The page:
Crowe and Rawlinson: FACT.
The Carriers' Prayer, another single-screen work, shows a cluster of "scally fireworks" arranged in what looks like the altar area of an Edwardian church building. Beloved of English youth in the urban northwest, these straggly objects consist of knotted-together plastic bags. Ignited, in this video, they whoop bizarrely and send flaming dollops streaming upward--or rather, downward, because the plastic stalagmites are actually stalactites dangling from a "floor" that's really a ceiling. In fact, the church is a full-size model, purpose-built upside down, and the video footage has been inverted to make it look right side up. The fiery prayers appear to be rising heavenward, but they are in fact dribbling burning plastic. However, the artists have downplayed this fact, which seems a mistake; it so dramatically expands and destabilizes the image's potential reception, complicating its more obvious topical references (say, to religious fanaticism) with issues of form and structure.
Two Leprechauns and The Name of God intertwine expression and inscription with miscommunication. In the latter, local Christian, Islamic, and Jewish youths stand before the camera and write their deity's name with sparklers; but because they are writing in reverse (from the audience's viewpoint), and the sparklers' lines of light do not persist, the viewer is effectively "cast out" of the work--"exorcised" by the participants' emphatic, ritualistic-seeming gestures. In Two Leprechauns, the artists, dressed as a couple of those mischievous elves, hail one another in Hebrew and Arabic spoken with an Irish brogue. An "evocation of a stubborn belligerence" defining the Middle East conflict, maybe (FACT'S leaflet again); but the work's effectiveness is underwritten by its sheer bizarreness and the chirruping, solipsistic leprechauns' capacity to annoy.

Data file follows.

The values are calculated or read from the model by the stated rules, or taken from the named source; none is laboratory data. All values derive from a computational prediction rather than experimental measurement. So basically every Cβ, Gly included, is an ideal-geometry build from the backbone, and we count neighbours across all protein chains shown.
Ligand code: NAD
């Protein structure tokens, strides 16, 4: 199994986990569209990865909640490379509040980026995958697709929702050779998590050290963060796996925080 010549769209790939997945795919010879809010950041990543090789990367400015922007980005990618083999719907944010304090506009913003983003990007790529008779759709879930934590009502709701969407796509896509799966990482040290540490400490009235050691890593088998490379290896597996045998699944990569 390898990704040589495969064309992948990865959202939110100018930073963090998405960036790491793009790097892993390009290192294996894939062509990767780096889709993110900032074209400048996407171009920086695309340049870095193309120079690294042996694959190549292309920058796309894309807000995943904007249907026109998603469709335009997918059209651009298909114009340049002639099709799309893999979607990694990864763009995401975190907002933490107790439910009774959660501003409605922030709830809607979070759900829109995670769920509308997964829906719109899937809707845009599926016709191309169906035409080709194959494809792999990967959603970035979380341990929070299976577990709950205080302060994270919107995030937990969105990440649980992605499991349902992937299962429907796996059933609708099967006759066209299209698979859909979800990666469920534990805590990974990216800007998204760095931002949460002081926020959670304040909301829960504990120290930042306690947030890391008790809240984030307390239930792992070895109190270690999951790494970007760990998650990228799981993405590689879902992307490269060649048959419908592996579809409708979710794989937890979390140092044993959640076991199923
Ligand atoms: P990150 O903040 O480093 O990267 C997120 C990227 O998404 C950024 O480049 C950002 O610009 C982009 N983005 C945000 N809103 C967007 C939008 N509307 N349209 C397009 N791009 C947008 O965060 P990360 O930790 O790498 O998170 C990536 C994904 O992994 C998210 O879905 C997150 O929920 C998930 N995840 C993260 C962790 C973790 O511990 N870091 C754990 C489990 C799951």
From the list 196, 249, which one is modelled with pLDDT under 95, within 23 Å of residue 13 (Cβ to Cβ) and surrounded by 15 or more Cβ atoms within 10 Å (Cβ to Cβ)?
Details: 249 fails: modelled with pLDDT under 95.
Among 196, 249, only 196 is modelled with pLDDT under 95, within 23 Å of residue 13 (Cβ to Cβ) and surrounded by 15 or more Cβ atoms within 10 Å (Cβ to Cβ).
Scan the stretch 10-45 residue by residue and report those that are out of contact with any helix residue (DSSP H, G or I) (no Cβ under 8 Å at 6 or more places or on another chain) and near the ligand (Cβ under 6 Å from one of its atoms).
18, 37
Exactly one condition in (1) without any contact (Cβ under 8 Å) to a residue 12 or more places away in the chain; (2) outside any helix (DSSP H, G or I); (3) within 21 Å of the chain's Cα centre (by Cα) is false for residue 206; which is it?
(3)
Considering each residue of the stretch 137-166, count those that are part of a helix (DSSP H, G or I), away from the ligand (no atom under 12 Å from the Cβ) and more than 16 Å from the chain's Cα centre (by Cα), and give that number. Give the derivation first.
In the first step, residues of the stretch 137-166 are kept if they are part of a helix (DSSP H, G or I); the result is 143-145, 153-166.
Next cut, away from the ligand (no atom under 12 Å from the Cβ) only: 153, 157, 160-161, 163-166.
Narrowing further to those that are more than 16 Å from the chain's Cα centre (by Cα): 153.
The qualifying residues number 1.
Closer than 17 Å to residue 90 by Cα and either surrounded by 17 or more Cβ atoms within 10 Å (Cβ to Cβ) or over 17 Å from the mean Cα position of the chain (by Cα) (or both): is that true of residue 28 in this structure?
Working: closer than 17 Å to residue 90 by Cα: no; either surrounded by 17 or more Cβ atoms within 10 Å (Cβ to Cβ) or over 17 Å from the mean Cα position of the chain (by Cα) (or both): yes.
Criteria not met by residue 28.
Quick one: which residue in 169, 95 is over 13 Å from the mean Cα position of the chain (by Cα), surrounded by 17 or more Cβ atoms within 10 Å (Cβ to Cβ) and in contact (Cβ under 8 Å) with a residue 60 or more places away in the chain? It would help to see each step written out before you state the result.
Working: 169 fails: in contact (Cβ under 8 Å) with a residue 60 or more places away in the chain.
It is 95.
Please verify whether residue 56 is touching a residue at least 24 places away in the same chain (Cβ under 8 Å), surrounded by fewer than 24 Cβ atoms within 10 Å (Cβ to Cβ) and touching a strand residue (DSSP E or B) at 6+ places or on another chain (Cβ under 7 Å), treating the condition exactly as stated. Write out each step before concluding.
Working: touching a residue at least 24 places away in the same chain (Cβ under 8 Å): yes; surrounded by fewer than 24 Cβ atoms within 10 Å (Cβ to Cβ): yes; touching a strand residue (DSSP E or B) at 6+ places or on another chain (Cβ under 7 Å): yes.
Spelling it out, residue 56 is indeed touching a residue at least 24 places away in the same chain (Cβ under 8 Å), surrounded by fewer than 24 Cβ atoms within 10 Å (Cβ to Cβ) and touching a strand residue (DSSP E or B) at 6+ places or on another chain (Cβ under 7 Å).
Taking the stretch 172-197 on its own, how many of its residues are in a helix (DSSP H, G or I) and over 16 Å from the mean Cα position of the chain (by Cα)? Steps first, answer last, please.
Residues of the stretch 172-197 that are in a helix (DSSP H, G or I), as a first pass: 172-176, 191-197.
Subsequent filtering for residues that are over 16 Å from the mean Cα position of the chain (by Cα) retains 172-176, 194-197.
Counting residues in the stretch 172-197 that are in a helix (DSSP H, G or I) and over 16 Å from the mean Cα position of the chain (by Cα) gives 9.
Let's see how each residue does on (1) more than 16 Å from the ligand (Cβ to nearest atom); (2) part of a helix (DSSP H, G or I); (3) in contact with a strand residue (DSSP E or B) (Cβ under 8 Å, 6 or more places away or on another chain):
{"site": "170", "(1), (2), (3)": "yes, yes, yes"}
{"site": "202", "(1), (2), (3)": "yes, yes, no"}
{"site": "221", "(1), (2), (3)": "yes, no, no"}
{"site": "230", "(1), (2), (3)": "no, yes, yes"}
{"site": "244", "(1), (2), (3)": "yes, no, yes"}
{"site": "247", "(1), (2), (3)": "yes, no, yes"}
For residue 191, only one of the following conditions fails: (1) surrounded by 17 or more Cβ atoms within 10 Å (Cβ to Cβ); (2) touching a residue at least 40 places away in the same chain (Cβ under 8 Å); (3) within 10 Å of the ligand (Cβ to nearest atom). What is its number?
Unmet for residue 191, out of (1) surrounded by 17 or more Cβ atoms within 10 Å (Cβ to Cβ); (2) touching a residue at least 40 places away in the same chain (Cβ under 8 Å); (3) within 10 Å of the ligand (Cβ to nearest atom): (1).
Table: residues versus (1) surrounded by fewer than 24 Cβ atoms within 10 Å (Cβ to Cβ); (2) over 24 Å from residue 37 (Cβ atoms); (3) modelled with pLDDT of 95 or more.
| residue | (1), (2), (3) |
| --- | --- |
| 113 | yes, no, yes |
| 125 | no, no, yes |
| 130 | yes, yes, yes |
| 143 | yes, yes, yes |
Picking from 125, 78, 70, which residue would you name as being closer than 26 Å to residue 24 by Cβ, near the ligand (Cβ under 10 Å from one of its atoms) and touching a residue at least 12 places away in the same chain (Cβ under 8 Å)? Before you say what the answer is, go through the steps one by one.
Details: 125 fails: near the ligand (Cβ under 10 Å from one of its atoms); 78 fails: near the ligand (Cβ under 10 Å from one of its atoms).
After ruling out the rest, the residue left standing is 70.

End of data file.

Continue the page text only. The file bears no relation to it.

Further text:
Yes, newsworthy "issues" (or problems, rather, such as urban delinquency, terrorism, religious sectarianism and fundamentalism, the Middle East crisis, and so on) are metaphorically figured in these works. However, a caveat of Gaston Bachelard's seems useful here: Metaphor, for him, is "fabricated," short-lived, "a crude polemical instrument"; in contrast, poetic images are the "pure product of absolute imagination" and inextinguishable, because they confer being upon the reading subject rather than vice versa. Crowe and Rawlinson's practice launches a genuine poetics, and beneath the surface of the "issues" lies a compelling meditation on the friction between instrumental metaphor and poetic plenitude.